You’ll play the majority of the game as Brok, but occasionally you’ll switch to control Graff. Most puzzles have more than one solution, usually revolving around whether you turn to action mode or proceed with a more adventure-like solution. Early on, if you denounce someone as having committed a particular crime, they may turn on you and you’ll have to fight them, arcade-style. Yet it’s possible to avoid the fisticuffs by creating a drug that makes them more malleable to your interrogation. Graff’s decision to cheat on an assignment for school or not has major repercussions later on, and he can solve his problems either through thinking (adventure mode) or using his fists (arcade mode). In combat, Graff plays the same way as Brok but has different strengths and weaknesses; although he is faster, he has less health and is less able to withstand being hit than his stepfather.
When you’ve selected combat mode, you’re given the ability to punch, jump, and kick in real time using the action buttons on a control pad or the assigned keys on the keyboard. Your enemy, or multiple enemies at once, will advance towards you and strike when they are close enough, depleting your health. You can also punch, kick, and even use a special move, or you can defend yourself by either blocking their attack or jumping over some of their moves. Both you and your opponent(s) move at the same time, so it’s a matter of positioning yourself and doing the most damage. If you’re defeated, you’ll have to restore your game to an earlier point, whether your own manual saves or the latest autosave. It involves a different skillset than traditional adventure games – more dexterity and a certain amount of button mashing – but if it’s not your cup of tea, you do have the option to play the game with minimal fighting by selecting a lower difficulty level on startup.
In addition to the regular daily investigations, in the evenings Brok is able to participate in the Virtual Arena, fighting to make some extra money. It’s really just a thinly veiled attempt to provide more opportunity to play a punch-em-up game (you’ll never actually use the money), but it does fit in well with Brok’s backstory as a professional boxer, and it’s a fun little diversion. It also allows the player to level up their characters without advancing the story line, making later combat encounters easier.
While the investigations are enjoyable to play, whether as a puncher or private eye, the pieces of story that seem to be less important are what bring this game alive even more. That’s because Brok is still trying to deal with his wife’s death five years earlier. Some of his memories seem to be missing, and he’s having terrible dreams about the night she died. Her son Graff is now withdrawn, angry, and tries to isolate himself completely when Brok attempts to comfort him. This overarching story of how Brok’s wife died and why proves to be even more interesting than the detective cases themselves.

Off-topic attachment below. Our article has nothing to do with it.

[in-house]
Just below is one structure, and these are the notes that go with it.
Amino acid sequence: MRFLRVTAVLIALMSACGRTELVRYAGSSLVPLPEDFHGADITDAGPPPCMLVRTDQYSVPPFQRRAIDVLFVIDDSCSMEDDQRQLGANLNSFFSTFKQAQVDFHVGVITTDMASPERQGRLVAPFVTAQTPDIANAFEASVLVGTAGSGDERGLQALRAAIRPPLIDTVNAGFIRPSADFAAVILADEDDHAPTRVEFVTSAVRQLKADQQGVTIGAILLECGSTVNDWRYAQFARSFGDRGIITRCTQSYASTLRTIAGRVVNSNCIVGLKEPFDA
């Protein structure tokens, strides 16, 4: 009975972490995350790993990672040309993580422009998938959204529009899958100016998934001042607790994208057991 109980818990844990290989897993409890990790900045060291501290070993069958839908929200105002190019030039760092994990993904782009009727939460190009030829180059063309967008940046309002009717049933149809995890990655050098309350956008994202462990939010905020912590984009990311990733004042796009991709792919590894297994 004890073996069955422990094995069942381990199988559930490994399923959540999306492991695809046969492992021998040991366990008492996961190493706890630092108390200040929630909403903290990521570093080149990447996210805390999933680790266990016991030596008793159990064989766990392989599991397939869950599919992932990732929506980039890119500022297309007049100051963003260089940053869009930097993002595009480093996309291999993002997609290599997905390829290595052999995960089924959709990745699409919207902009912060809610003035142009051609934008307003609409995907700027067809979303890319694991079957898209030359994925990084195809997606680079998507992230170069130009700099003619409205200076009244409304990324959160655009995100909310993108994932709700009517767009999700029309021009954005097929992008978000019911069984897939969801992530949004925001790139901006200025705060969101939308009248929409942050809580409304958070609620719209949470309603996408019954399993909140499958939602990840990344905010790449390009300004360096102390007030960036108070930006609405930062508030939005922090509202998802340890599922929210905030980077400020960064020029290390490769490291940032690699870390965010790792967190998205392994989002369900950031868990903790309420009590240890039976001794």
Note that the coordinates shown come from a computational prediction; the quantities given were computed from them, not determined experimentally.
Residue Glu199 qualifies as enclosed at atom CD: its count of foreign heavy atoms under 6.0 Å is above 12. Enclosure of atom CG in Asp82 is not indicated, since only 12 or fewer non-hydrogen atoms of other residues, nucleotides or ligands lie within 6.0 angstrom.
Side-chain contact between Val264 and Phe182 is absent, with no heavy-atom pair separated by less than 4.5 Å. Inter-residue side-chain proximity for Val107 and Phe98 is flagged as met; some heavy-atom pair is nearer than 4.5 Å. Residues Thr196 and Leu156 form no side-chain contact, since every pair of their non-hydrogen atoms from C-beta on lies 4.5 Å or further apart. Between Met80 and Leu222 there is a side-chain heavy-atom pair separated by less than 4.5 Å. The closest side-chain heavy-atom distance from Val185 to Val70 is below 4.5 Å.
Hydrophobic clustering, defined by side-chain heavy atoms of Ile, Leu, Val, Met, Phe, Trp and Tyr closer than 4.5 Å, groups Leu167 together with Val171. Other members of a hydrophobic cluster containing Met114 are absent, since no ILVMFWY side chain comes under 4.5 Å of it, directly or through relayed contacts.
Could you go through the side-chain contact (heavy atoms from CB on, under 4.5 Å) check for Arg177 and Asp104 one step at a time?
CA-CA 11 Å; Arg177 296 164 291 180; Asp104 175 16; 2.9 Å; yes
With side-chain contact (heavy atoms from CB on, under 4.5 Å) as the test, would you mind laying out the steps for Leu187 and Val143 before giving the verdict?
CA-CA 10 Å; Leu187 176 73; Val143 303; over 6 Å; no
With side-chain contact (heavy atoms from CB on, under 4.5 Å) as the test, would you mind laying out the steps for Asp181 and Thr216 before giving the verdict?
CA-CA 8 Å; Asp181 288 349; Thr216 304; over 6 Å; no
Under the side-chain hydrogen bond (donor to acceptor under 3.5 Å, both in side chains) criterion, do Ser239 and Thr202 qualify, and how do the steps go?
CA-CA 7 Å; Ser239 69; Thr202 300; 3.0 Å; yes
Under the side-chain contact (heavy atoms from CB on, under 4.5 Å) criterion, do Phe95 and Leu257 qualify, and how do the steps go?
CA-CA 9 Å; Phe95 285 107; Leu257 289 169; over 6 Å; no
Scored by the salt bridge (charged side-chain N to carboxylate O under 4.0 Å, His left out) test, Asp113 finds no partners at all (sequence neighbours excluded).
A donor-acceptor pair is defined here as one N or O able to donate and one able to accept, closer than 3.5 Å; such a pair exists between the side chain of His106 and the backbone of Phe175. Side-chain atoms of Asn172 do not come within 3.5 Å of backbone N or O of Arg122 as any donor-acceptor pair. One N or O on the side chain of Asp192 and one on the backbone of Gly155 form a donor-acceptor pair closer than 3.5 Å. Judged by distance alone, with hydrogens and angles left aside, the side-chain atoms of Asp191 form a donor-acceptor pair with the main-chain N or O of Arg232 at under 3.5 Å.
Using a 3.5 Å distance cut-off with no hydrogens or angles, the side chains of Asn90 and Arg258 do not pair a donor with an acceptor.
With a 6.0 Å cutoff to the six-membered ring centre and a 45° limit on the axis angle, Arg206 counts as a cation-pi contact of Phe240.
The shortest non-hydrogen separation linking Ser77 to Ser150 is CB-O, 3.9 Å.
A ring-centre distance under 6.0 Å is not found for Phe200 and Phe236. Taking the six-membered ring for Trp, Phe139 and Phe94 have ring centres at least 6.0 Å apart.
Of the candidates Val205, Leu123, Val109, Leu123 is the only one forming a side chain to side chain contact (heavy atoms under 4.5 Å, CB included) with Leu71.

The pieces of Brok’s family life come slowly at first, creating drama between the two characters that really lands by the time it is resolved. I mentioned that choices matter in BROK, and nowhere is that more true than the decisions Brok and Graff make towards each other that will determine if the final outcome is a good one or not. And when it comes to endings, this game doesn’t disappoint, with multiple endings that range from the canonical one that I assume will lead to a sequel, to a fairly balanced one that leaves several issues unresolved, to another outcome that is just plain depressing. No single choice you make seems to determine the result, but rather how you’ve played the entire game and what paths you’ve taken.
For the most part BROK plays out like a classic point-and-click, with a mouse cursor that changes to the appropriate function over hotspots and guides the current protagonist around the screen (double-clicking to run). To change locations, you simply move the cursor to the edge of the screen and click the exit icon; there is a map for instantly transporting between the major locations. Conversations activate a radial wheel of dialog options, as well as the choice to offer or use an inventory item. Another useful feature is the option to think, which gives a subtle clue about your current situation. This is just a very basic reminder of conversations and clues you’ve found, but there is also a full help feature accessed by collecting specific items that can be spent to purchase a more direct hint. The number and general locations of these items can be seen in the options menu, which is also where you can purchase the hints themselves.